“We went to see the doctors, and they examined your leg. At only two years old, you didn’t know what it all meant. They asked you to walk to the other side of the room, and you did. ‘Now walk back to us,’ they said, while they tested and measured. It was there that we received the news. The doctors said they could straighten your leg with surgery. ‘Could it be true?’ I thought. Then they handed me a yellow card with a date on it. It was our ticket to hope. I guarded it with my life, knowing one day I’d pass it along to you along with this story.
“I remember counting the days for our next visit. I remember as we walked up steep stairs onto the large white boat as it sat calmly on the water. The doctors met with us and explained the surgery and recovery. As I listened, all I could think was: ‘Whatever you need to do, Doctor! Do your work!’
“The next day, they took you to another room while I waited. I prayed with the other moms: ‘God, go with the doctors – be their hands while they work.’ After a few hours, you were brought back, ready to wake up from medicine. They told me everything went well and according to plan. I was so relieved! Your leg was wrapped in a hard bandage they called a ‘cast.’ As I examined it, I realized that inside that hard bandage was my little girl’s leg, no longer bent in the wrong direction. I was so filled with joy!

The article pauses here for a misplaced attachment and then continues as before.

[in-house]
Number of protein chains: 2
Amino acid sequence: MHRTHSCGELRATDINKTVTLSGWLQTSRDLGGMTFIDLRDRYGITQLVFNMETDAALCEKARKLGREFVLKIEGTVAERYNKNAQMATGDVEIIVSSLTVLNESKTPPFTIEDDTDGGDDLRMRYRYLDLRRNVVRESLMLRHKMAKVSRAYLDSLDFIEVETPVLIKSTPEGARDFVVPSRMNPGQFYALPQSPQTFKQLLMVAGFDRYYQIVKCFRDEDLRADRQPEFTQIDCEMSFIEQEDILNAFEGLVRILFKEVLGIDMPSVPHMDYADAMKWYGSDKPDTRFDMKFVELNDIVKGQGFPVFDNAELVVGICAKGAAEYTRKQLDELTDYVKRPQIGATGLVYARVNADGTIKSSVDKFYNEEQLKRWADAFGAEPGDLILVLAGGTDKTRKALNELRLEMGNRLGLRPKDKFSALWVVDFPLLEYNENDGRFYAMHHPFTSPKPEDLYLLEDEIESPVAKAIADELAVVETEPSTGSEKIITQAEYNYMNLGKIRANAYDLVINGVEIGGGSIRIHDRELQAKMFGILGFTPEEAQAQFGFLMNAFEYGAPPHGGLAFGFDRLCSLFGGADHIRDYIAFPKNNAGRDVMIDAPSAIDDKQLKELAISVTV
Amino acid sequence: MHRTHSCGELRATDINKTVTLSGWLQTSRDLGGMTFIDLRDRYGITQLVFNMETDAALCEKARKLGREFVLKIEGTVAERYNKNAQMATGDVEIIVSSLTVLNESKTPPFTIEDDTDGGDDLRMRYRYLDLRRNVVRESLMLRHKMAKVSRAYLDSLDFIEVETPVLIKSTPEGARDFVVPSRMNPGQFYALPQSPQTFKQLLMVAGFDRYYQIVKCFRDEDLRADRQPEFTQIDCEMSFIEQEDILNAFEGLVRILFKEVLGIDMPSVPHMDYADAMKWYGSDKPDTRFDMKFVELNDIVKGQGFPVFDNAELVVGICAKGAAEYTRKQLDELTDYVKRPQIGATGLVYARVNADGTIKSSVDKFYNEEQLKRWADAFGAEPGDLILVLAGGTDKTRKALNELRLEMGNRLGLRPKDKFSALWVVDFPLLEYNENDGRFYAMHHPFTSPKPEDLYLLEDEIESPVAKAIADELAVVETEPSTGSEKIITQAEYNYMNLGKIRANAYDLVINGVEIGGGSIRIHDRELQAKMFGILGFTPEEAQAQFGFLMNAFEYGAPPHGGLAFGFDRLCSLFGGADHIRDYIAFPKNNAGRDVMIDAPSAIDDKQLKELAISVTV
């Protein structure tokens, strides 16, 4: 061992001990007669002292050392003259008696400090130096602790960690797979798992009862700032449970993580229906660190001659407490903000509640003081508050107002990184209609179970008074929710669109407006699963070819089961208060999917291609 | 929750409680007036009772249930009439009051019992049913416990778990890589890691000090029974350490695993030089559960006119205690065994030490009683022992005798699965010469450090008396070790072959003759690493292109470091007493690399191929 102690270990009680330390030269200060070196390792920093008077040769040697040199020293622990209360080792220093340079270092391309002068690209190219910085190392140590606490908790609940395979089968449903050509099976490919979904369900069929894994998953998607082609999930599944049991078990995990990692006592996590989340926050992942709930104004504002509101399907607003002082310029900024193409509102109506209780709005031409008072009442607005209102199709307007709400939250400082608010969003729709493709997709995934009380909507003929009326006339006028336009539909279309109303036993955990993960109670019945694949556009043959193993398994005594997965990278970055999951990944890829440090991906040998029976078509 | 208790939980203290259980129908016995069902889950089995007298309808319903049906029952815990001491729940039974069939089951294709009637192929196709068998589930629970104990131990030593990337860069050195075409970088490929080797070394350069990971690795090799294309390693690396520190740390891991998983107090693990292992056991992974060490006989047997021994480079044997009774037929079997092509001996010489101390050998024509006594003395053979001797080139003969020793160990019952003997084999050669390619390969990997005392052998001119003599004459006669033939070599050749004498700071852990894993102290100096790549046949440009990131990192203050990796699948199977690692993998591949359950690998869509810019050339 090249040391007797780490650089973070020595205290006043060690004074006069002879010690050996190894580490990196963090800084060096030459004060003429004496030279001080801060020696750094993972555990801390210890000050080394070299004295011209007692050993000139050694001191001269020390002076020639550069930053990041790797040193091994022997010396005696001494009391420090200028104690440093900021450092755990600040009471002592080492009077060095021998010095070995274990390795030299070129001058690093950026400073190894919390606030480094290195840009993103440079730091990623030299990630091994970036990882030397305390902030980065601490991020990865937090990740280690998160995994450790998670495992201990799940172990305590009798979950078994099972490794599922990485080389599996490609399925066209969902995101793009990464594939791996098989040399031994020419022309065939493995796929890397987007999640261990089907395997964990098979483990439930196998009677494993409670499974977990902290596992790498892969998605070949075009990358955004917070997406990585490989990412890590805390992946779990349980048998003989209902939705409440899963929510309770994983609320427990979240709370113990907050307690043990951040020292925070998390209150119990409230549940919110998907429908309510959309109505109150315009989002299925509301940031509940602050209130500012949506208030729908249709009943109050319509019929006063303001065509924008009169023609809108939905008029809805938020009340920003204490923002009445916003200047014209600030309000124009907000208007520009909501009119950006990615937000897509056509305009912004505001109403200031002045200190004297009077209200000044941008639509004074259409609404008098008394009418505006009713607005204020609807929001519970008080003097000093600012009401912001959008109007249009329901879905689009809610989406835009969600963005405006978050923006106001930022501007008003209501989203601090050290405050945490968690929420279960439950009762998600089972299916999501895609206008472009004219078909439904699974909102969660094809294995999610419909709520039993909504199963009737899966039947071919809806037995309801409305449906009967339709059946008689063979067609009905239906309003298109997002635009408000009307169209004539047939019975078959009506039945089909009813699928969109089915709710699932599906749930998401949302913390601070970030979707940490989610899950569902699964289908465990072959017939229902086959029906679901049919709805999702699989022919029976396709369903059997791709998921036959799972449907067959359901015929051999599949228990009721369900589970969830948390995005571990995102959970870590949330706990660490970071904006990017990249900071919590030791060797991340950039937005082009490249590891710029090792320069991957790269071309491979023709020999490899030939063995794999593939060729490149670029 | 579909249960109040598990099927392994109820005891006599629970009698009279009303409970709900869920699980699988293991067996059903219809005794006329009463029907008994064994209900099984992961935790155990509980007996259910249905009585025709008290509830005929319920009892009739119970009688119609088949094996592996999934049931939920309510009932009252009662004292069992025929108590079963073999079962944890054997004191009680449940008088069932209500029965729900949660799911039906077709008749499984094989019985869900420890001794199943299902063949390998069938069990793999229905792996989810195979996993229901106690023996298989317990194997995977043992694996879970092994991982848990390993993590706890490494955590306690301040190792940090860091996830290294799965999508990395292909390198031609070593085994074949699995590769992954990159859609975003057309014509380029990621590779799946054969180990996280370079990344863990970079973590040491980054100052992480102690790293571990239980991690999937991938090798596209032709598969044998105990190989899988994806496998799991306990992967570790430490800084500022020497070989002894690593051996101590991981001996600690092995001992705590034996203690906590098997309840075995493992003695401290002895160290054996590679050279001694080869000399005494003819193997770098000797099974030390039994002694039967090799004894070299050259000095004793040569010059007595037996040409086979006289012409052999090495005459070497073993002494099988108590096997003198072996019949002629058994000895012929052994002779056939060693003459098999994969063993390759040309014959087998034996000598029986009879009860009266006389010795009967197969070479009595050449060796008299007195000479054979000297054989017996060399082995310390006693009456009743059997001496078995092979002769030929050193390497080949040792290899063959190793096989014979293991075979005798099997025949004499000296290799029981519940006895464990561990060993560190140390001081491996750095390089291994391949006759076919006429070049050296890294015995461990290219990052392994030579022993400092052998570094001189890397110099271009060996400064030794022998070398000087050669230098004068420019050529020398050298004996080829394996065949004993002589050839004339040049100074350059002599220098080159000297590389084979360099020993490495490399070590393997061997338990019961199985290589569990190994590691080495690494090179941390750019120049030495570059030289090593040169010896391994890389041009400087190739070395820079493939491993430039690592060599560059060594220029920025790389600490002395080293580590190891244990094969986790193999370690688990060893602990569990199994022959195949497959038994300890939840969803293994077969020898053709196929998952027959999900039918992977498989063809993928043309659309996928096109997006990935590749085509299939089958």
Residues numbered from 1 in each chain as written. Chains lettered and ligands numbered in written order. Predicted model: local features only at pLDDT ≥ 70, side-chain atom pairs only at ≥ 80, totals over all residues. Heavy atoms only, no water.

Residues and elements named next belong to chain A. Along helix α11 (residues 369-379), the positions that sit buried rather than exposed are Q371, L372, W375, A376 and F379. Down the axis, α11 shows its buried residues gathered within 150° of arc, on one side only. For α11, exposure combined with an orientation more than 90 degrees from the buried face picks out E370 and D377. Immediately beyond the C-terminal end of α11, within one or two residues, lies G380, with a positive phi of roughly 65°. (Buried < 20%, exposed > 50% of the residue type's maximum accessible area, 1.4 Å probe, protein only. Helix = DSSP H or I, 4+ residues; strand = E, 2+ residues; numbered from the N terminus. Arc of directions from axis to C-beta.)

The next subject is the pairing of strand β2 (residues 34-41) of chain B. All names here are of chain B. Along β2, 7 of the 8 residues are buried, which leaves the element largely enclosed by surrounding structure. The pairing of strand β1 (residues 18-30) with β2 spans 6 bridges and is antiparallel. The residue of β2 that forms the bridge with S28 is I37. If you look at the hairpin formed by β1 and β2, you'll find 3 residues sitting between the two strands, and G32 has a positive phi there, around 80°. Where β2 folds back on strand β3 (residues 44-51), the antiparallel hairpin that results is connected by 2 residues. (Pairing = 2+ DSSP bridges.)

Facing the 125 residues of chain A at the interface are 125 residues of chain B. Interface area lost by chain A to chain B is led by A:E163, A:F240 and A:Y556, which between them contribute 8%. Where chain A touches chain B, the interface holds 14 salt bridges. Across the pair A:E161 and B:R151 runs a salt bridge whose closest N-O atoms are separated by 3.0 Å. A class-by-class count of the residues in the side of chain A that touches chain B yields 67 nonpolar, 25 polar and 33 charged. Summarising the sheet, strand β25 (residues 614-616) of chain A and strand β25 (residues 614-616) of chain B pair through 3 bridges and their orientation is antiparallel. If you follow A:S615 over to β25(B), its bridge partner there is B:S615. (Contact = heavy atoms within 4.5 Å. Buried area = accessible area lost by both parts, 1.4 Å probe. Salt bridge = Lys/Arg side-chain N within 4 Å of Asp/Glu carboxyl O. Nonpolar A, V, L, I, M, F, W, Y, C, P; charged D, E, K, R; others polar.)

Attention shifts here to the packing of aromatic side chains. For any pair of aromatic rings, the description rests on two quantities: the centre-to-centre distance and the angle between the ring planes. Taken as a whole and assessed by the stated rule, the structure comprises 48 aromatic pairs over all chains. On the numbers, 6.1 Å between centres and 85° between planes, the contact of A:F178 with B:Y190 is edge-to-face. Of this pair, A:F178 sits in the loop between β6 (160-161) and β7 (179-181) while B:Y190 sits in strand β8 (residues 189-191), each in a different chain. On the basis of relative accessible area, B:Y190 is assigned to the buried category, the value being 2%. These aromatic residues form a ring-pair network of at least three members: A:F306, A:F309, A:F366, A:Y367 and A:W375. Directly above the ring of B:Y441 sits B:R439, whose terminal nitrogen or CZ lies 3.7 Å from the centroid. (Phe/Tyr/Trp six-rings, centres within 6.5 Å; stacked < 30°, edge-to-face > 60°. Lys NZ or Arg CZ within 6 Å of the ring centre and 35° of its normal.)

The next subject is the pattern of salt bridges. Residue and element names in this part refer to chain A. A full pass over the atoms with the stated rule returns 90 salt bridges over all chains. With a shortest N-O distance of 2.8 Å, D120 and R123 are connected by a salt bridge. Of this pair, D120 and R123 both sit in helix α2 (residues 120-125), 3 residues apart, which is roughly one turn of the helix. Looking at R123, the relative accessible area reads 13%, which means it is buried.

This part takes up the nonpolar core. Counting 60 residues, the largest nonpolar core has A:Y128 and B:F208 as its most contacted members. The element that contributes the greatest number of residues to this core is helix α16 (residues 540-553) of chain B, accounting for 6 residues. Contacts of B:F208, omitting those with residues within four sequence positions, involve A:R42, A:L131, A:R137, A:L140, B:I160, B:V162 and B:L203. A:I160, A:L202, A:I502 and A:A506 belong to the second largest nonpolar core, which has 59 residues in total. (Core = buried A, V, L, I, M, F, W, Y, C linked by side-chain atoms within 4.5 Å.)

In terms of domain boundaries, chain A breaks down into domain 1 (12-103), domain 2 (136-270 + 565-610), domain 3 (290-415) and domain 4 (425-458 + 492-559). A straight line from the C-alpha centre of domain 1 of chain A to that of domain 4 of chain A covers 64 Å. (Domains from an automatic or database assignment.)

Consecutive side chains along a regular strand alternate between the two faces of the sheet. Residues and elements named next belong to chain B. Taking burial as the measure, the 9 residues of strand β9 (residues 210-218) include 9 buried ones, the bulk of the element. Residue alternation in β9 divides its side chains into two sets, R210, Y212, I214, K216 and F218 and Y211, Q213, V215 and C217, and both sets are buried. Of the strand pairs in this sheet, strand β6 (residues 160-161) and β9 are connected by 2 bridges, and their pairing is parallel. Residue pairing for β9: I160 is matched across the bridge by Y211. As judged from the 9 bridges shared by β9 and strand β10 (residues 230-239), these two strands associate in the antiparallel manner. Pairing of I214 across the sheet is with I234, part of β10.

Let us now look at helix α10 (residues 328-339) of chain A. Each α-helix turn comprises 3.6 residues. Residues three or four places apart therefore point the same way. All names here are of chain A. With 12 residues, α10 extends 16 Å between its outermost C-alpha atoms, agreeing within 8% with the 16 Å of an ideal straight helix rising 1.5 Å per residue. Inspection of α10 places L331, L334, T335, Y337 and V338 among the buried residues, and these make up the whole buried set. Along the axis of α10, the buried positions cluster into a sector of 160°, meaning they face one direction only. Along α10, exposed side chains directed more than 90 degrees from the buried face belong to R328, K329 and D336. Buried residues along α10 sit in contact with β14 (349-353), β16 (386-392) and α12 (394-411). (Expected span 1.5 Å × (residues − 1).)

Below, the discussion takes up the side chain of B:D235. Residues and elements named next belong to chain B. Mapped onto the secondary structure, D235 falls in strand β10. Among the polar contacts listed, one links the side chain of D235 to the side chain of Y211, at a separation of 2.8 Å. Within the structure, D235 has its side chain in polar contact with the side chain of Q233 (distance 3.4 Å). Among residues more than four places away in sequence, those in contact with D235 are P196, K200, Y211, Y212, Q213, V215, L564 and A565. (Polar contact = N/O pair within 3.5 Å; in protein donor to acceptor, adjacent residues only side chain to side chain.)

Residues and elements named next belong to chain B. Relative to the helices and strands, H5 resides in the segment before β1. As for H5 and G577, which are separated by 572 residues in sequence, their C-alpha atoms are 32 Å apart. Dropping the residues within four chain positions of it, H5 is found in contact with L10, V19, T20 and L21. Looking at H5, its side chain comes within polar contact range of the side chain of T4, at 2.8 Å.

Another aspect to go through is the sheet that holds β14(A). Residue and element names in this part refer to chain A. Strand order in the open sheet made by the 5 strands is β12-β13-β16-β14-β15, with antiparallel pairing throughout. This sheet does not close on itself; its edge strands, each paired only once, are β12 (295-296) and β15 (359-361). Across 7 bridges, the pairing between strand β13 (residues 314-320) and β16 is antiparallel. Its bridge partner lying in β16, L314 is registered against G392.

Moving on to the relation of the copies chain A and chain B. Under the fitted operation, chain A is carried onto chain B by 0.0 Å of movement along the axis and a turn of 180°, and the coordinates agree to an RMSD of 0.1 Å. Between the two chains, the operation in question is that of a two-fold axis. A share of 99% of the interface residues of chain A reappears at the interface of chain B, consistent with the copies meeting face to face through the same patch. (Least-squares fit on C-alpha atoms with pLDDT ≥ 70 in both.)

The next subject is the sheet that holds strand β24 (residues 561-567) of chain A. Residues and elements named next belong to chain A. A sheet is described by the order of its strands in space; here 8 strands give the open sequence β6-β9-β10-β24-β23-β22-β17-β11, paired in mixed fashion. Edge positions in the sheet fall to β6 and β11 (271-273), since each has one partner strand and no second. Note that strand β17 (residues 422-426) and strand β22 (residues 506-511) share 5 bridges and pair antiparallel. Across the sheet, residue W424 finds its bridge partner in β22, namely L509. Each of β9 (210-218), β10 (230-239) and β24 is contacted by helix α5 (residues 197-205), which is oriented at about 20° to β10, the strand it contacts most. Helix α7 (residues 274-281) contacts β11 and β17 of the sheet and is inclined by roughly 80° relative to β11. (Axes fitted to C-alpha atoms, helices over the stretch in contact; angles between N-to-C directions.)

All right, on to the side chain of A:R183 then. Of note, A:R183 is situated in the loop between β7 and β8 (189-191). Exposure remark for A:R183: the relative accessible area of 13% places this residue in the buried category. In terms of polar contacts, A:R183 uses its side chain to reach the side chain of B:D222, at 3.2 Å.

“During the days that followed, there were moments when you struggled. ‘Get this off my leg right now!’ you hollered, pointing to your bandage. I did everything I could to calm you – and so did the nurses. And as more days passed, your leg continued healing, along with your spirits.
“The time came for us to leave the ship, but the bandage stayed on. Your third birthday had just passed. I was so proud of you. Proud of how strong you’d been and proud of the future you had in store.
“A few weeks later, we went back, and they took the hard bandage off. I couldn’t believe my eyes … and neither could you! It was almost too much to take in. But then it occurred to me, ‘Why am I surprised that God answered our prayers?’
“Now, my dear girl, when you see those marks on your leg, remember how much I love you. You will always be God’s Miracle to me.”
Story by Windsor Marchesi
Edited by Nancy Predaina
Photos by Miguel Ottaviano and Justine Forrest
Miracle was born with a windswept leg, making it hard for her to walk. She wants to be able to do what the other kids do.
Miracle’s mom, Sylvie, loves her daughter very much. One day, she heard the words “Mercy Ships” and “orthopedic surgery” on the radio … she had great hopes they’d be able to fix Miracle’s leg.
Sylvie was delighted to see that her daughter’s leg was straight inside the cast.
Miracle had free surgery on the Africa Mercy. She didn’t like the “hard bandage” at first, but quickly got used to it.
The physical therapists make rehab SO much fun!!
Now that Miracle’s leg is straight, she can walk easily and do what other kids can do! Sylvie and Miracle are so happy, and they have a special message for everyone who helped make it possible – “Thank you!”